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Burdens of Women Collecting Firewood in Africa

Burdens of Women Collecting Firewood in Africa




Collecting Firewood in Africa
Throughout Africa, women and girls walk for hours a day in the hope of finding a few branches or roots to use as firewood; to avoid the midday sun, many leave their homes before sunrise.

Burdens of Women Collecting Firewood in Africa


Explore and Understand Africa Through Her Food and Culture




Dangers of women collecting firewood in Africa range from spinal and pelvic injuries to sexual assault, rape, and harassment.


Almost all African countries still rely on wood to meet basic energy needs, in fact over 80% of the energy supply in African countries comes from wood. In these countries, woodfuels not only are vital to the nutrition of rural and urban households but are also often essential in food processing industries for baking, brewing, smoking, curing and electricity production.

Firewood collection by women in Lukolela, Democratic Republic of Congo.
Firewood collection by women in Lukolela, Democratic Republic of Congo.



The World Health Organization states that “Over 98,000 Nigerian women die annually from the use of firewood. If a woman cooks breakfast, lunch, and dinner, it is equivalent to smoking between three and 20 packets of cigarettes a day.” Fuelwood accounts for about 90% of the total wood consumption in Africa and 81% of African households use solid fuels while 70% depend on them as their primary energy source for cooking. Nearly 60% of urban dwellers also use woody biomass as an energy source for cooking.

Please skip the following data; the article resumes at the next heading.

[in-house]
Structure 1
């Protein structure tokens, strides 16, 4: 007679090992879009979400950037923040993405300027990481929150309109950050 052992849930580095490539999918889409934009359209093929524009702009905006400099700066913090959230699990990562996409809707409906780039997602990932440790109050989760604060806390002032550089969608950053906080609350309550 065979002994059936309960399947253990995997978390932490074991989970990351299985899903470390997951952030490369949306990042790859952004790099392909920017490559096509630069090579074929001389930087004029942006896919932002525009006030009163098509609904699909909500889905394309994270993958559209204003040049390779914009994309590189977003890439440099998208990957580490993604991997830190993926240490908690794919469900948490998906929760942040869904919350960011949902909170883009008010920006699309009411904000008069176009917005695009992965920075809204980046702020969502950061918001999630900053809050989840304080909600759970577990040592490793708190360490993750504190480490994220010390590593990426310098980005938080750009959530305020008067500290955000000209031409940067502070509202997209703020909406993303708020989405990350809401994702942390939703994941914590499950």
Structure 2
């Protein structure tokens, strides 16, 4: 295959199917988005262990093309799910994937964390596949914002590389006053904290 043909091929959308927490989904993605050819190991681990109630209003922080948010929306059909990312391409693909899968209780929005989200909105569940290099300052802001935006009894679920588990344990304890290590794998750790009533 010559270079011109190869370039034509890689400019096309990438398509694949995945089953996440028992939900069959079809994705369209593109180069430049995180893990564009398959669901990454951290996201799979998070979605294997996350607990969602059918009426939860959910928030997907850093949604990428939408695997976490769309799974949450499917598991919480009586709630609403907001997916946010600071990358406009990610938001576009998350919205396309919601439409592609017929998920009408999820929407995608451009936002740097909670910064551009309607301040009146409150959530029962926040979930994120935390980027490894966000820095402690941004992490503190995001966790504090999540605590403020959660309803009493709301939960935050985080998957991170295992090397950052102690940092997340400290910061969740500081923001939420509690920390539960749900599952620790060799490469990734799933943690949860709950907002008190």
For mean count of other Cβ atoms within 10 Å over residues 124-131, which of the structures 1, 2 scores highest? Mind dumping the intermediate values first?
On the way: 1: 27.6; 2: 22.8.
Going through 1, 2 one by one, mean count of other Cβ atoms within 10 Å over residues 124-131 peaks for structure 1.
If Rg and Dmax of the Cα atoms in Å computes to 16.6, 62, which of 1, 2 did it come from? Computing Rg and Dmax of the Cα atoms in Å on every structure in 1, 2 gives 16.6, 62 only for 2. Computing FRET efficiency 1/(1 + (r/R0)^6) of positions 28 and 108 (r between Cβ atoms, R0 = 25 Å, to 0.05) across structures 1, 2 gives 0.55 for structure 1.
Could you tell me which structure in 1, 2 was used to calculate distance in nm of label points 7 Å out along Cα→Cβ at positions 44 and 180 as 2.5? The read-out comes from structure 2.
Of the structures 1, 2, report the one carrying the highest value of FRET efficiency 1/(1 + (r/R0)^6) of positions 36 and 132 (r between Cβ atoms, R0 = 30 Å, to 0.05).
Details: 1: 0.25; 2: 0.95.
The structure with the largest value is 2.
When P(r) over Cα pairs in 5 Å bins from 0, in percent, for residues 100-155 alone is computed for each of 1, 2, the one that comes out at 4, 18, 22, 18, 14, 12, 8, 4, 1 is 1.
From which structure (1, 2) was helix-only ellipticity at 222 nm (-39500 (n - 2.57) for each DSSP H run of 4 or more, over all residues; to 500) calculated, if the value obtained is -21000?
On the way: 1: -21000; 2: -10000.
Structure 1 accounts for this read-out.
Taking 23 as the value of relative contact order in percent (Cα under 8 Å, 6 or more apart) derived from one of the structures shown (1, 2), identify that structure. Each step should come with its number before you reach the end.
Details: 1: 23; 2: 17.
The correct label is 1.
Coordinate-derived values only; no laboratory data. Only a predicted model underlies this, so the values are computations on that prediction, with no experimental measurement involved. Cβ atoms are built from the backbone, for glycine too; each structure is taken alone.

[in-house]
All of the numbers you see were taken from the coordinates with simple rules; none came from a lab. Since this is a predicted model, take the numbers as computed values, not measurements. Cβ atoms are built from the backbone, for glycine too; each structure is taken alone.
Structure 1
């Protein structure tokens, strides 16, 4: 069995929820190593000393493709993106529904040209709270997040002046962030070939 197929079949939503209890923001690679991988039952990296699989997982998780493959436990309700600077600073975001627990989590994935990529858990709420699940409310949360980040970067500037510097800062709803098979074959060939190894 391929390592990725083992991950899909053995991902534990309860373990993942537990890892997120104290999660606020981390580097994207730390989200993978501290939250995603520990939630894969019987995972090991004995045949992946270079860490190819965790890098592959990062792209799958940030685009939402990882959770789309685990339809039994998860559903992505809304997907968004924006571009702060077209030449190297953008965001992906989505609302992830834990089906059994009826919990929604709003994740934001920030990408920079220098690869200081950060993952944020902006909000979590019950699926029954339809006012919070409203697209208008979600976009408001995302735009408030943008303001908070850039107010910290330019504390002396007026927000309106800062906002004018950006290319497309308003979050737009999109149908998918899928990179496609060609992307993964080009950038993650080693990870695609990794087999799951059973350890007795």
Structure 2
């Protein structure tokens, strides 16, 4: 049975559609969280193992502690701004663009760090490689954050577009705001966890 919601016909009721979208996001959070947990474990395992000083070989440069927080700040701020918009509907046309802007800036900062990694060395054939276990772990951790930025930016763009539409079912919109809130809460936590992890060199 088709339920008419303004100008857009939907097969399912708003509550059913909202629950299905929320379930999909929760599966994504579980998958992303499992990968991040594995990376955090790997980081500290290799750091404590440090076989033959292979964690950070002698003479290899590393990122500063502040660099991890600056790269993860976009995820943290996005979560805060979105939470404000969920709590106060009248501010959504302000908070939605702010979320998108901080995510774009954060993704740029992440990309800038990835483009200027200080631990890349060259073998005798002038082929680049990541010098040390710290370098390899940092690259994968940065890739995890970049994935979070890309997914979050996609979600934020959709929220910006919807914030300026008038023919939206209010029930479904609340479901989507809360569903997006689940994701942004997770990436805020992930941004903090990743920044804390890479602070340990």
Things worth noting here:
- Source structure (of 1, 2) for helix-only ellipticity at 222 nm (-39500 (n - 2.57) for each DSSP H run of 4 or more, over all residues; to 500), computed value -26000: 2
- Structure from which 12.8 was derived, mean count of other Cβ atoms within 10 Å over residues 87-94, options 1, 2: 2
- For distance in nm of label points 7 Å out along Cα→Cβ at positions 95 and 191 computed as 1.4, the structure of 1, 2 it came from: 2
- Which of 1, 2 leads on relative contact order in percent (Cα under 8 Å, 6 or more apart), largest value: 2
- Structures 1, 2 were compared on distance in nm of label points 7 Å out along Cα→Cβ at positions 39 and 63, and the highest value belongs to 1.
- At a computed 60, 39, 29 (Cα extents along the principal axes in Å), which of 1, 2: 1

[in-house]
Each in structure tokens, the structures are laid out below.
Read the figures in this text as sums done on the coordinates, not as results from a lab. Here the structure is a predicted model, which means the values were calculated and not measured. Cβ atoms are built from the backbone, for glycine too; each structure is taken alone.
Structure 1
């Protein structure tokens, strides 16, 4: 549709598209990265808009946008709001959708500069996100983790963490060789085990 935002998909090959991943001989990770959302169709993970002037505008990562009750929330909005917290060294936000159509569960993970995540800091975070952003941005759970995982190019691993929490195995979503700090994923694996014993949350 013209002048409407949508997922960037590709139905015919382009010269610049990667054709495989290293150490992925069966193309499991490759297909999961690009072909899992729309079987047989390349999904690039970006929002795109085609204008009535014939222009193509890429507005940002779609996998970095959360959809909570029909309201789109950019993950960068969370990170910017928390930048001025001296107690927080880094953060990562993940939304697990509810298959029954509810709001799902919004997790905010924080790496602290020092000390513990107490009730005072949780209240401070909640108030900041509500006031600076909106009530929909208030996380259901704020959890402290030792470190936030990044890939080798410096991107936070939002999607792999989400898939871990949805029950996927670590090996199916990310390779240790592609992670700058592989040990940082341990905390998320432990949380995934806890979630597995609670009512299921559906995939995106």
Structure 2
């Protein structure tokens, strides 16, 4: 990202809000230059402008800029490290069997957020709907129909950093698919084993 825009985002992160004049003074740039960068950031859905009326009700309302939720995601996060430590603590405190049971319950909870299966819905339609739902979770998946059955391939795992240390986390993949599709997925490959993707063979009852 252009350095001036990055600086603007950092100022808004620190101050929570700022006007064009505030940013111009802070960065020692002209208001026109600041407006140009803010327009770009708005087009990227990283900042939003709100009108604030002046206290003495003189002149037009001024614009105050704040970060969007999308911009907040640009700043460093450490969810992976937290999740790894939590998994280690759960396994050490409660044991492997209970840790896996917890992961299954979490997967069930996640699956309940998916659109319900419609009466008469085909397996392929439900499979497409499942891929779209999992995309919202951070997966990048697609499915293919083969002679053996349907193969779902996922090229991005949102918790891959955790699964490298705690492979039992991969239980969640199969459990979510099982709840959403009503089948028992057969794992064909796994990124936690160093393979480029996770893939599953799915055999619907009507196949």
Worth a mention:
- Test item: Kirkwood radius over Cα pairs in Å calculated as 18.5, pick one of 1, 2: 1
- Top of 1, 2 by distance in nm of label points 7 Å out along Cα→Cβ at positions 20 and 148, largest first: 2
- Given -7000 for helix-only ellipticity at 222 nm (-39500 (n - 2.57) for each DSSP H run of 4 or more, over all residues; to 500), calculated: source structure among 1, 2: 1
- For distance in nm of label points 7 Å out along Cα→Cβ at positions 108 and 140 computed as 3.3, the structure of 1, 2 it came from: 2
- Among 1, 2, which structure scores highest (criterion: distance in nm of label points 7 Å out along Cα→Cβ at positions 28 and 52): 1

Woman carrying firewood in Segou South-Central Mali.
Woman carrying firewood in Segou South-Central Mali.

Lack of safe access to firewood can be life-threatening particularly in conflict situations. The hours searching for wood also prevents better use of the time, such as attending school. Energy is both an engine of development and a source of many of today’s economic and environmental problems.

Firewood Ethiopian capital of Addis Ababa bundles of eucalyptus branches used as firewood
Firewood Ethiopian capital of Addis Ababa bundles of eucalyptus branches used as firewood


Women seek firewood often in arid areas already lacking adequate vegetation not only face the threat of rape but compete with other people who also need the resource. Approximately 60% of the world’s total wood removals from forests and trees outside forests are used for energy purposes. In other words, woodfuel is one of the main products of forests and trees.

Collecting firewood in Jinka, Southern Ethiopia
Collecting firewood in Jinka, Southern Ethiopia


Woodfuel is not only used in poor and rural households. In many towns and metropolitan areas, woodfuel is widely used either as a main, substitute or supplementary fuel by low-, middle- and high-income groups. In Africa, fuelwood, charcoal and other forms of biomass energy make a major contribution to meeting the energy requirements of the population. The collection, distribution, and trade of these fuels also provide income and employment to millions of Africans but also house unsafe working conditions for many young girls and women.

Elderly woman bringing firewood to the village of Masako, Kinsagani, Democratic Republic of Congo.
An elderly woman bringing firewood to the village of Masako, Kinsagani, Democratic Republic of Congo.


Lack of safe access to firewood can be life-threatening. Many women spend more than 20 hours a week collecting firewood. Contrary to common belief, not all-wood fuel is sourced from natural forests. Wood fuel production takes place within several types of land use, such as tree fallow and shrub fallow, woodlots, tree plantation sites, reforestation sites, fruit trees, scattered trees, and bushland and shrubland areas.



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